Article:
Nevertheless, none of these techniques could permanently keep xuan within oneself. To do that, nothing was comparable with taking alchemically created medicines. Ge thus informs us that, “Even if one performs breathing exercises and calisthenics, as well as ingests herbal medicines, this can only extend the years of your lifespan, but it will not save you from death. Ingesting divine cinnabar will make your lifespan inexhaustible. You will last as long as heaven and earth, be able to travel on clouds and ride dragons, and ascend at will to the Heaven of Highest Clarity.” Alchemically derived medicines, the best of which contained either liquefied gold or reverted cinnabar, were able to have this marvelous effect because the substances from which they were made had shown themselves, through repeated firings in the alchemist’s stove, to be impervious to decay or dissolution. According to Ge, “As for forging of gold and cinnabar, the longer one burns them, the more marvelous their transformations. When gold enters the flames, even after one hundred firings, it will not disappear. If you bury it forever, it will never decay. If one ingests these two substances, they will refine that person’s body, and make it so that he or she will neither age nor die.” In other words, one makes one’s own body imperishable by ingesting imperishable things. Mechanically what happens is that, upon ingestion, these substances seep into one’s blood and qi, thereby making them stronger. Ge Hong calls this using an outside substance to fortify one’s self. The reason why herbs are inferior to gold and cinnabar is that they are perishable; thus, they lack the capacity to make the body imperishable. Unfortunately though, the ingredients for making these mineral medicines are difficult to obtain, the process of smelting them is arduous, and the ritual circumstances under which they must be made are elaborate; as a result, Ge Hong several times admits that he has never had enough resources to attempt to produce these superb formulas.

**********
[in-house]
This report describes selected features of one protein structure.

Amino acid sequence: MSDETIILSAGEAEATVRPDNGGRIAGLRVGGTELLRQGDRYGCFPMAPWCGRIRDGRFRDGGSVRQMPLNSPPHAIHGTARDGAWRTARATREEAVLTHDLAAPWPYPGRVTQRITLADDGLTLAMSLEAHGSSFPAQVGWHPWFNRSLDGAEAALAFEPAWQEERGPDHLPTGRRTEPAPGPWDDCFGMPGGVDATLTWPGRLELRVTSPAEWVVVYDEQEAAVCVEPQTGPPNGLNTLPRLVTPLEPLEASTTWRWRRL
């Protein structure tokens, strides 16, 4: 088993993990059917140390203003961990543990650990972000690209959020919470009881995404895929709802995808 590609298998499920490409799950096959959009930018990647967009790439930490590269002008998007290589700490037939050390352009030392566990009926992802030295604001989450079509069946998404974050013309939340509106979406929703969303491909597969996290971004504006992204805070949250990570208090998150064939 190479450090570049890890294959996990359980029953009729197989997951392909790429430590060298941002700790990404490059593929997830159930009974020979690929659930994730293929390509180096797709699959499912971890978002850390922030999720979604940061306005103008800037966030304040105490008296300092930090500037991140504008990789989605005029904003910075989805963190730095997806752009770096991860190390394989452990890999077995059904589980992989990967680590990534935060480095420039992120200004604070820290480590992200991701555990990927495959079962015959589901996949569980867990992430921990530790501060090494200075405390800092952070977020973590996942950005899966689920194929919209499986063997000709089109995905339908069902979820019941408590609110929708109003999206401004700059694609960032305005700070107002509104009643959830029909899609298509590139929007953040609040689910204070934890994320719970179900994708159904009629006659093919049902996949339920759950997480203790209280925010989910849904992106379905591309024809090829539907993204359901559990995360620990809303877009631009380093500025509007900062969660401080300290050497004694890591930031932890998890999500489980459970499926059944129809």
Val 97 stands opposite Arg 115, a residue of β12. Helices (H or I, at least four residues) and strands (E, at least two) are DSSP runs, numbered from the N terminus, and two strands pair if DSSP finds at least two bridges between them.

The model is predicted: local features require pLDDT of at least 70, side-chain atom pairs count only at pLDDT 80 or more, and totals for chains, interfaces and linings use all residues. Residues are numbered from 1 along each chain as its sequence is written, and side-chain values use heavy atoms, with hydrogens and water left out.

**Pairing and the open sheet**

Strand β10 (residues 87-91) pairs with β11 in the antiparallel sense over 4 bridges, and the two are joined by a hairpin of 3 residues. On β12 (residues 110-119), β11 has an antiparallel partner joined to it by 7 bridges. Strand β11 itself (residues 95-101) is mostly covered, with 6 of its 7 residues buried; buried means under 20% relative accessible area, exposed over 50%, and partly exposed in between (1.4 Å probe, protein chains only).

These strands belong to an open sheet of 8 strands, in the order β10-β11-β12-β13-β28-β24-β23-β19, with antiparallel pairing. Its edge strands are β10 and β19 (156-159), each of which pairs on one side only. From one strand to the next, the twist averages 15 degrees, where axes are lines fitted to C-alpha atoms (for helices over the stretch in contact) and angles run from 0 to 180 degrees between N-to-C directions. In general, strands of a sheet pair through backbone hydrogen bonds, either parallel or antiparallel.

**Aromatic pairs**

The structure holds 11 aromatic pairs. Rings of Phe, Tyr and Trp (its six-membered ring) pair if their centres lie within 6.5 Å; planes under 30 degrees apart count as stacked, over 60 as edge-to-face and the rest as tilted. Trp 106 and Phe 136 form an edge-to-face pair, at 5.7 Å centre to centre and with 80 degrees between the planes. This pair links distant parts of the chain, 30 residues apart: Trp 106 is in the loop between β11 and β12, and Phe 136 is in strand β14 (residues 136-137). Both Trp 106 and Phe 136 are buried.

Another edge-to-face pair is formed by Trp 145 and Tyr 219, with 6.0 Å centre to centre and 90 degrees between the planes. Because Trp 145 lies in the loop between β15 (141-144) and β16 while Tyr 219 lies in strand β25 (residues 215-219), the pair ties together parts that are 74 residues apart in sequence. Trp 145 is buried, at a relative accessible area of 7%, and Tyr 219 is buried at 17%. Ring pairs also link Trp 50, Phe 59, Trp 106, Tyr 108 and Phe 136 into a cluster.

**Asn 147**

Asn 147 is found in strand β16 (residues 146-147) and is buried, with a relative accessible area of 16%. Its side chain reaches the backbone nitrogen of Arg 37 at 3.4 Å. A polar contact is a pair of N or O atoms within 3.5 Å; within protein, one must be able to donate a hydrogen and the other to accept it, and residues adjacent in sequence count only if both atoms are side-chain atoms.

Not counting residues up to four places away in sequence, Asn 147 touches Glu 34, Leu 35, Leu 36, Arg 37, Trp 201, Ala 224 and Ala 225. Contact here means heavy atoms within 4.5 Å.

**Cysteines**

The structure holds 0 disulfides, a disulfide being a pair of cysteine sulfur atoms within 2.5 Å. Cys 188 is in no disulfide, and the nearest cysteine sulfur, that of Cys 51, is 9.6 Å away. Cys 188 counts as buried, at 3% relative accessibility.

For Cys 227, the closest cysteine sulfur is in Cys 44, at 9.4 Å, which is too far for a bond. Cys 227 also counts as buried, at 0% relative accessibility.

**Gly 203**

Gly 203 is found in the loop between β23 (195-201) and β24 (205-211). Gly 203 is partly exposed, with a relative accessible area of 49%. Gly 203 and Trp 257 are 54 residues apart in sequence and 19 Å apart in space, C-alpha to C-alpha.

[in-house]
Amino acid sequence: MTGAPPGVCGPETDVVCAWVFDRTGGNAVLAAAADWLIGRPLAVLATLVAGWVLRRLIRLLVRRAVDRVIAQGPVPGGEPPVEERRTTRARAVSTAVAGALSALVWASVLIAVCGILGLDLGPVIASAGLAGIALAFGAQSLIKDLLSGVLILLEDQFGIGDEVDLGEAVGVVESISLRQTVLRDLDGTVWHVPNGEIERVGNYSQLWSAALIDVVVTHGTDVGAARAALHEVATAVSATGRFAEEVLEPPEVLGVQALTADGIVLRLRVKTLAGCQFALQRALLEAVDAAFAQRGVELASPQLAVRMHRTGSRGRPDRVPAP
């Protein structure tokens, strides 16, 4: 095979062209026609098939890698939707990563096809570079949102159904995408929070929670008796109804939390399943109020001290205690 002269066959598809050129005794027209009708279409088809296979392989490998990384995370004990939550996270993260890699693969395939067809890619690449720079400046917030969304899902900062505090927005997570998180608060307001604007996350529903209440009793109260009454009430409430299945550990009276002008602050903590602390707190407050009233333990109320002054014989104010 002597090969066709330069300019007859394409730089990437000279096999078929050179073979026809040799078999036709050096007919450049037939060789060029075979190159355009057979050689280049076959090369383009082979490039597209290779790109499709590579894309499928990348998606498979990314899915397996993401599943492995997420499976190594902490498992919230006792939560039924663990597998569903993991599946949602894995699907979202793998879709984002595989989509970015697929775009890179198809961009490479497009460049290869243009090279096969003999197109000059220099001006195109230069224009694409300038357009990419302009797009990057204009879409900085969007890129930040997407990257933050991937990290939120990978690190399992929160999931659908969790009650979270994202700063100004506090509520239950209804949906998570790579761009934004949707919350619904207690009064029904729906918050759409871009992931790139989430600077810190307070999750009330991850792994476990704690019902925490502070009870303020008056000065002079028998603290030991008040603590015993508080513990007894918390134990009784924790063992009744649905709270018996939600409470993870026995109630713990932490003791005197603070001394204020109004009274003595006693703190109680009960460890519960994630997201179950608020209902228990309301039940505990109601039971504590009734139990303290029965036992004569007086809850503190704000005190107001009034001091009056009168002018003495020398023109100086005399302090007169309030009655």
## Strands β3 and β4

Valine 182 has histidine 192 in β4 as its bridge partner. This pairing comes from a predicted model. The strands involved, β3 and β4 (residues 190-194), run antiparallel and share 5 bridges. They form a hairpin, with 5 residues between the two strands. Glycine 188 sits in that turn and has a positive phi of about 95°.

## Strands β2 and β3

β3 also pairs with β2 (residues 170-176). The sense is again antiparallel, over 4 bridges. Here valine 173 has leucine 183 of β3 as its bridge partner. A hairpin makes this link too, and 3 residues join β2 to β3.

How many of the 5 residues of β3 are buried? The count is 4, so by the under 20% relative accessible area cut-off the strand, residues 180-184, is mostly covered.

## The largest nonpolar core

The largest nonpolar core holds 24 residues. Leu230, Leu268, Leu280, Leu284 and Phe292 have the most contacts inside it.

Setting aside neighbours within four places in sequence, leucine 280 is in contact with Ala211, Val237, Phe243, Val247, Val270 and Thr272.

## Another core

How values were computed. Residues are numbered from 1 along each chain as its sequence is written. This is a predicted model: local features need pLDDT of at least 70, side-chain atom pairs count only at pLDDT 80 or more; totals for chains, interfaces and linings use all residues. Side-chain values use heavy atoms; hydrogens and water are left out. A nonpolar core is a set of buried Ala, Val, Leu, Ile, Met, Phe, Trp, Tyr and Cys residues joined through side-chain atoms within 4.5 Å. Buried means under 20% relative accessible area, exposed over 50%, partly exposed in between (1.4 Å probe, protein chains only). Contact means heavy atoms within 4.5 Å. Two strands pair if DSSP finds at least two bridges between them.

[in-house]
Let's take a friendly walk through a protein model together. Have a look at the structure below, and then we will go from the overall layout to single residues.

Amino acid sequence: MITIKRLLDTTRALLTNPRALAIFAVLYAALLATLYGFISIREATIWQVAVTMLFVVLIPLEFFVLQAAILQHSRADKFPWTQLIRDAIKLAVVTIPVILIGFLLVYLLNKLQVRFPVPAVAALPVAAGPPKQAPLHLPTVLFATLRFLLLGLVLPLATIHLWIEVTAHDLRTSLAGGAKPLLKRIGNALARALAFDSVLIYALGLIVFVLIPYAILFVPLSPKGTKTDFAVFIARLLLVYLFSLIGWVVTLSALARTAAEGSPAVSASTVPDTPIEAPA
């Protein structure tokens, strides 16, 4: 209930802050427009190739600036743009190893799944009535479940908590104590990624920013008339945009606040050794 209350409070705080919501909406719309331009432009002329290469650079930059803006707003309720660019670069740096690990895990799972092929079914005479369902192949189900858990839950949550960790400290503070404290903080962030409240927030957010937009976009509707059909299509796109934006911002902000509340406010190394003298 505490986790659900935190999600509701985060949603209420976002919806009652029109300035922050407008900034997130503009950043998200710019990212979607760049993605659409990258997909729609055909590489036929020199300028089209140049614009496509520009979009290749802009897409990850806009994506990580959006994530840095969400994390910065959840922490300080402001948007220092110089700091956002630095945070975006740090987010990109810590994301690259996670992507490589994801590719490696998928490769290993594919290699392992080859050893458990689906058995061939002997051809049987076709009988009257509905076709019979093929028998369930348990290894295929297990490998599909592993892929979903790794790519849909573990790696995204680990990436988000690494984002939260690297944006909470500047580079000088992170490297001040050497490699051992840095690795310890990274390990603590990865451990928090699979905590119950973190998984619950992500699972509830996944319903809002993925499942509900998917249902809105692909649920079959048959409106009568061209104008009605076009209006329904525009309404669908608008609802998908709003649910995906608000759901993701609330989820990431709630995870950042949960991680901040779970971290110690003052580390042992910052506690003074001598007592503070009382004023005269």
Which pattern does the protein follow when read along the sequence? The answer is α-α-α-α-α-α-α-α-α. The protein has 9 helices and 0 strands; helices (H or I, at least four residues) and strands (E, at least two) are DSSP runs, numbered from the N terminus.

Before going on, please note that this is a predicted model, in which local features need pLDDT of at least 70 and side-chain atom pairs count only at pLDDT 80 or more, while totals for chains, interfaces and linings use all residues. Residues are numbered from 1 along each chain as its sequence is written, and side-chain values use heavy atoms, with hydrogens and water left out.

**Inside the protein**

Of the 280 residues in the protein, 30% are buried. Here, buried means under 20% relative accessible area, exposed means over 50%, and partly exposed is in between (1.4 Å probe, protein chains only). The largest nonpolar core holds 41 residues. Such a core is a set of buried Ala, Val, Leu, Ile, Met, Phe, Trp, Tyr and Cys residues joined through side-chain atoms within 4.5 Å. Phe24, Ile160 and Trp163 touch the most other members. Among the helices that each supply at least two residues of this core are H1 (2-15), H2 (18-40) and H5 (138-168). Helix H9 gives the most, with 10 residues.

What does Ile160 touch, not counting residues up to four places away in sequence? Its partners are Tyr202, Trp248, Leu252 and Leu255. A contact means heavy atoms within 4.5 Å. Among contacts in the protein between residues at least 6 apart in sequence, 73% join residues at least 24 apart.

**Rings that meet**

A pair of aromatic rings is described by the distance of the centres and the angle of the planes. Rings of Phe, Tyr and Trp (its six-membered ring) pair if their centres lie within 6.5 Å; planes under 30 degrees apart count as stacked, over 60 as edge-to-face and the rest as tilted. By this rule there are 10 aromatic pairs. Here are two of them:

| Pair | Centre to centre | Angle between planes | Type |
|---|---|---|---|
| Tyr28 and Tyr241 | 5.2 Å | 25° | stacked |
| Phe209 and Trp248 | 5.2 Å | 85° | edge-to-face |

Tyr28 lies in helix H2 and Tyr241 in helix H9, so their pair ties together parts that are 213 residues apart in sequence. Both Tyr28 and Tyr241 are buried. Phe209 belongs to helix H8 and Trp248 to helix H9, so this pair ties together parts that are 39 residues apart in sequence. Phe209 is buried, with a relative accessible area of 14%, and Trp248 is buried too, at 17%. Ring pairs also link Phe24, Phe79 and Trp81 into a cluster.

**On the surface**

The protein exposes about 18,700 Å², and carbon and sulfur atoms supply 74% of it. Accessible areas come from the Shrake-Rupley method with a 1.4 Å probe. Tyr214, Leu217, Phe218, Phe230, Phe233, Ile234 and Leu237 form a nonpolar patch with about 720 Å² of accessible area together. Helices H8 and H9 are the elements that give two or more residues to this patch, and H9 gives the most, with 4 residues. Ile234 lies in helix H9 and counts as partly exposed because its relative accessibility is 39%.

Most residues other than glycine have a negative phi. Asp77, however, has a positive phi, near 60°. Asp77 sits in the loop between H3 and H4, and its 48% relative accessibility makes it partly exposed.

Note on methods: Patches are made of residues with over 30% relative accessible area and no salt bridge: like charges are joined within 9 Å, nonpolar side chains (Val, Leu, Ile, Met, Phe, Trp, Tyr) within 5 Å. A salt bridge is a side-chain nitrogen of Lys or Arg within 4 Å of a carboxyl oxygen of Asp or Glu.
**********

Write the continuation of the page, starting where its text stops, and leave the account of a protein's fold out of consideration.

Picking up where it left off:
It is often said of premodern Chinese literati that they were Daoist at home while Confucian in the office. Ge Hong was in fact probably one of the first Chinese thinkers to consciously try to reconcile Confucianism and Daoism. As the division of his major work into inner and outer chapters indicates, he did so by asserting that Confucianism and Daoism addressed different aspects of life. Confucianism addressed the external world and provided means by which to ameliorate its many problems; Daoism concerned the inner world and provided means by which to attain immortality. As Ge succinctly put it, “For an extraordinarily talented person, what difficulty could there be in practicing both (Confucianism and Daoism) at the same time? Inwardly, such people treasure the way of nourishing life; outwardly, they exhibit their brilliance in the world. If they regulate their persons, their persons then will be cultivated for a prolonged time; if they rule the country, the country will achieve the state of great peace.” Cultivating one’s spirit for immortality thereby automatically enables one to rule a country well. Thus, if one becomes a terrestrial immortal, Ge Hong sees no reason why such a person cannot hold office and contribute to the welfare of his generation.